Why did I not read this when I was younger? A Wrinkle in Time by Madeleine L’Engle is a wonderful tale of travel through space and time, full of charming characters, human and alien, who all want to help Meg, a young misfit, find her long-lost scientist father.

Accompanying Meg on her journey are her friend Calvin and her younger brother, Charles Wallace, who is very young, but possess the intelligence, if not the wisdom, of an adult. He also seems to have some kind of powerful psychic ability, though L’Engle does not really delve too deeply into the whys of this aspect of Charles’ character.

A Wrinkle in Time appears on Lost as one of the many books that Sawyer is shown reading. It appears in the episode “Numbers” in which we learn Hurley’s backstory and the tale of how he won the lottery using a set of numbers that he has come to believe are cursed and that seem to have something to do with the island. Hurley sets off across the island searching for answers and in this way, his journey parallels Meg’s journey for answers about her father.

Along the way, Meg and company find that many worlds are shrouded by a black thing, a darkness, that sounds more than a little bit like the mysterious black cloud that both Mr. Eko and John Locke have seen on Lost. Here we have what is apparently the closest Lost connection.

As it is described in A Wrinkle in Time, the black shadow is some kind of manifestation of pure evil, but on Lost in may be something else. In the first season it appears to be some kind of unseen monster, but after looking into it, Locke claims that he has looked into the eye of the island and found it beautiful. In season two, Mr. Eko has a similar experience, but the monster is revealed as some kind of black smoke or shadow that shows Eko images of his past.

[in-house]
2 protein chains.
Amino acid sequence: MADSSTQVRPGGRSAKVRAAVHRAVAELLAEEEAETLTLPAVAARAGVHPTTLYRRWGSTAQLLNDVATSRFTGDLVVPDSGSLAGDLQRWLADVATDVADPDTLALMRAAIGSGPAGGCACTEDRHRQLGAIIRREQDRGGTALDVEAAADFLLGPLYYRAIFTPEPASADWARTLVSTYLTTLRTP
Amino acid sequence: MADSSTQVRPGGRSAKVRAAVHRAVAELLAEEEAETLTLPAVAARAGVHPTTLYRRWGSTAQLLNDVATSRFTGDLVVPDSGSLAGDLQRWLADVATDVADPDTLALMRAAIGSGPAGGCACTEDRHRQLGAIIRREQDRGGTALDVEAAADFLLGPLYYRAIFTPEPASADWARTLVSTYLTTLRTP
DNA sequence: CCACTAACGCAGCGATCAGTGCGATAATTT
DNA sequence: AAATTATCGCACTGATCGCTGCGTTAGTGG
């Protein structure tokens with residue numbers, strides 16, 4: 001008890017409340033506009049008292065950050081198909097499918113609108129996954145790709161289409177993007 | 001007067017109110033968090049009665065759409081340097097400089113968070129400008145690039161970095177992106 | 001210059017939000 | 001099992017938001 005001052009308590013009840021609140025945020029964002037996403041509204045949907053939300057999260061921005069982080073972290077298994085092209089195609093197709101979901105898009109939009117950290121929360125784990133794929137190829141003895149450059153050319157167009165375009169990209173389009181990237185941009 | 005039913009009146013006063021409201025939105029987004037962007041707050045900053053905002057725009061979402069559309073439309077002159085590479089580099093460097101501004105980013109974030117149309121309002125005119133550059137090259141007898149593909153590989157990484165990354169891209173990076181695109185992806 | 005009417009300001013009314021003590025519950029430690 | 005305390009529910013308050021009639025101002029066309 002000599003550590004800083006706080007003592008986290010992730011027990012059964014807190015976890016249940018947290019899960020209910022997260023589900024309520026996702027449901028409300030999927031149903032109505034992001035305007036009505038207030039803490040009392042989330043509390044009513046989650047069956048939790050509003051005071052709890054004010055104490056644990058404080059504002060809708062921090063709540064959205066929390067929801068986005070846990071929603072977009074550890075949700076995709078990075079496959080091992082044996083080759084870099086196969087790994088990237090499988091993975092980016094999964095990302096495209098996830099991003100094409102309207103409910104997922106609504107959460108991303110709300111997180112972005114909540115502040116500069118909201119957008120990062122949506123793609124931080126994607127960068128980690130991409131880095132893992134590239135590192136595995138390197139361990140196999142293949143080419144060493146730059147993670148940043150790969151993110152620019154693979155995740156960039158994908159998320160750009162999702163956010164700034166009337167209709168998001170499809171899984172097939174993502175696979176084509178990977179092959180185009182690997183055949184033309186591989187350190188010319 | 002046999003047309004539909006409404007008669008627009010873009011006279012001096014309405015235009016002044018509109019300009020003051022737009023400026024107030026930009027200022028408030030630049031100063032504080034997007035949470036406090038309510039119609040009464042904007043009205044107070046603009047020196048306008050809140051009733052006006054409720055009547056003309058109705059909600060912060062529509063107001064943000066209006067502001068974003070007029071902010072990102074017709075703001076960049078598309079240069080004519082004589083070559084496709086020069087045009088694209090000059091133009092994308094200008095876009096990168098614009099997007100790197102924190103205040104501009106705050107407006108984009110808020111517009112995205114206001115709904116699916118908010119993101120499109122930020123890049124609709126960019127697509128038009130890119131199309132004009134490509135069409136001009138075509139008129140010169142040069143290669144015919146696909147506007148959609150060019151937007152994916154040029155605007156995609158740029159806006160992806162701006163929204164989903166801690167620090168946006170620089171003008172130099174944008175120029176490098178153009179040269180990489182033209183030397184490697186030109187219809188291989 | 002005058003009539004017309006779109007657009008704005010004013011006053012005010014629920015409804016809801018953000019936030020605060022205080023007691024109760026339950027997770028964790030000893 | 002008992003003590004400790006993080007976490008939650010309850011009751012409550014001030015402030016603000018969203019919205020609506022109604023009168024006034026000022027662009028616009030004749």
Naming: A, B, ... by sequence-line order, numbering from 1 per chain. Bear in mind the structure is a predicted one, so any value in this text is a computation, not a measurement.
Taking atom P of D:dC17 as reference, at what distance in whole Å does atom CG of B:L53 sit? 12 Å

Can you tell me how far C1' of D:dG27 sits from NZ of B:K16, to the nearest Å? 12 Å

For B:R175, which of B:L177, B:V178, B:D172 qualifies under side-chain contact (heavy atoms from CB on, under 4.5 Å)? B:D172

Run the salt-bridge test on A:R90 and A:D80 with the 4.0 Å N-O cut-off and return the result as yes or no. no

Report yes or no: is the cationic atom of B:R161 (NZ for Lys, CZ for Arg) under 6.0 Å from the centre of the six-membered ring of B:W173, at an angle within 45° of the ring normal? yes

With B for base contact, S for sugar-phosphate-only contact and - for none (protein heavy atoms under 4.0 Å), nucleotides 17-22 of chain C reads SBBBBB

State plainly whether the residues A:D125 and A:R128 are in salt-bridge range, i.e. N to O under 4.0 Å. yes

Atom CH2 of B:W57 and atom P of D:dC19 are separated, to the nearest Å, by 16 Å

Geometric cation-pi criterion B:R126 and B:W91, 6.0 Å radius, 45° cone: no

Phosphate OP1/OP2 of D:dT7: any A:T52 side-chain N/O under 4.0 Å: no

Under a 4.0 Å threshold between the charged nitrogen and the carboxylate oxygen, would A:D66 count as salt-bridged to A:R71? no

In A Wrinkle in Time, we have another book that suggests alternate reality and psychic manipulation. It focuses on the presence of some kind of all-encompassing evil that has the power to distort reality and trap people where time has no meaning; in fact all of A Wrinkle in Time takes places over the course of a few seconds on Earth.

I’m not sure time has stopped on Lost, but one thing that’s interesting to note is the fact that the only two characters to face the monster and survive are the two who are most driven by faith. The issue of faith vs. reason is a recurring theme on Lost, and as I ponder A Wrinkle in Time, I remember that it was Meg’s faith and her love for her brother that saved her. On Lost, Mr. Eko, a true man of faith, was ultimately saved by the love of his brother.

Perhaps A Wrinkle in Time is something of a red-herring on Lost, designed to make us wonder if the characters on Lost are trapped in a wrinkle in time of their own, or perhaps under the spell of some kind of psychic manipulation. Maybe the darkness on Lost isn’t really darkness, or perhaps it further blinds the men of faith. Whatever may happen on Lost, though, A Wrinkle in Time is a worthwhile read.

For more of my Lost book posts, check out The Lost Book Club.